Edna Pleskin

My name is Edna Pleskin, and I am a friend of the Kramer family, or rather, the family is a friend of mine. We go back a very long time. When I became engaged, Seymour, my husband-to-be, said that he would like me to meet his Rabbi and of course, it was Rabbi Kramer. So one day he came with Rabbi Kramer to my work and I was very impressed. It was a nice meeting, Rabbi Kramer approved, and a very short time afterwards we got married. That all happened in 1952, so we really do go back a long time. All this time, the Kramer family has been very important to us, and we share a very significant relationship and friendship going back all these years.

Rabbi Kramer would tell me stories of my father-in-law Alav Hashalom, who had learnt in Lubavitch in his youth and was one of the men to whom the previous Rebbe of Lubavitch, Rabbi Yosef Yitzchok, had sent a telegram in 1940/41, relating that there were nine young rabbis in Shanghai that he would like him to bring to Canada. (The telegram is in a book somewhere, I have seen it.) Once the Rebbe asked him, he got busy, of course, trying to bring these 9 young men to Montreal. In the meantime, my father-in-law and the other men working to arrange it all learned that there were 20 others stuck in Shanghai from Mir and other yeshivas. My father-in-law Alav Hashalom got together some men he knew from different yeshivas, and they all went to Ottawa, the capital of Canada, and worked it out so that they could bring the 29 young men to Canada. Rabbi Kramer was one of them, as well as the man who later became the Chief Rabbi of Montreal, Rabbi Hirschprung. When they came, it was in a padlocked train, because it was wartime and they were considered aliens, and that’s how they traveled across Canada. When they arrived in Montreal, on a Friday, they were taken to the Talmud Torah School, greeted and served breakfast.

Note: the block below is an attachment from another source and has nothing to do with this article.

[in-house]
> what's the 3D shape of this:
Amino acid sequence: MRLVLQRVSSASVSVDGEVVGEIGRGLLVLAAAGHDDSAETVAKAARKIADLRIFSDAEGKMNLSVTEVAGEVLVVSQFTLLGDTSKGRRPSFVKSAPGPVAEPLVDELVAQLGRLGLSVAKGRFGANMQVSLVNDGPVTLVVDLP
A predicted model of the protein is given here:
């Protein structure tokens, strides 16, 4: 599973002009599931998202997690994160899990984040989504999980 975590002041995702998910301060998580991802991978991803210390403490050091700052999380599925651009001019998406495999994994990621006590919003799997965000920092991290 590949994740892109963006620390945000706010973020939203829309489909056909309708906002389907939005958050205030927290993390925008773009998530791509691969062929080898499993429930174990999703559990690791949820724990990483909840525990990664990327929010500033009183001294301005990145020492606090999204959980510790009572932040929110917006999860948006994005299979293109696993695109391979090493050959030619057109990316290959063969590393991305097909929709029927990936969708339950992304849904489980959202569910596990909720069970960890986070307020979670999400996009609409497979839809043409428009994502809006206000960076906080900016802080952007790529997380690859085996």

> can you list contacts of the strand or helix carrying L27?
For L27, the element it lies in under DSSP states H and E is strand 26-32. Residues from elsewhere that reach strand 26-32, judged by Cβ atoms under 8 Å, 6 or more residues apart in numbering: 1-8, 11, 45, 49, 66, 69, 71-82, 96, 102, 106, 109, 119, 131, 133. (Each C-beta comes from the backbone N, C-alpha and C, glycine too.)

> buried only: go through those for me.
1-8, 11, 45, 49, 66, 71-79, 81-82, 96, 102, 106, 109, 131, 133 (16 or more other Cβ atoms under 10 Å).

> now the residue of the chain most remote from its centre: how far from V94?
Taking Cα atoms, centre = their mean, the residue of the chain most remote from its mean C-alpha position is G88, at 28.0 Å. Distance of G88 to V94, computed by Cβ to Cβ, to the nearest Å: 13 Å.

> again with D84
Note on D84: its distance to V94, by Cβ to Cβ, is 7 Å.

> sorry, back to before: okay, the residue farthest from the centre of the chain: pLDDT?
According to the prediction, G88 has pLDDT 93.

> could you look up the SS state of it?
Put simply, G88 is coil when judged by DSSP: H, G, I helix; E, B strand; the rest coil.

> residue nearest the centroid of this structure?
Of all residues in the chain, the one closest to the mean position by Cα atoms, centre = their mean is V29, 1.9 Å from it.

My parents-in-law’s home was the first house that the nine rabbis went to when they came. They went to the Pleskin house because he was concerned about them, and helped bring them to Canada. He was very involved with them, but then unfortunately, he got sick with cancer. Rabbi Kramer used to come to see him more than all the others, and maybe that’s why my husband had a special attachment to him, since he honored his father and spent time with him. They would discuss things and talk Torah. My father-in-law was sick for three years and Rabbi Kramer came quite regularly. Although my father-in-law died in 1944, and we married in 1952, so I never met him, I know all this from my husband. Rabbi Kramer told me more than once: “Your husband is very clever, but your father-in-law was a genius. He studied in his youth in a Lubavitcher Yeshiva in Russia.”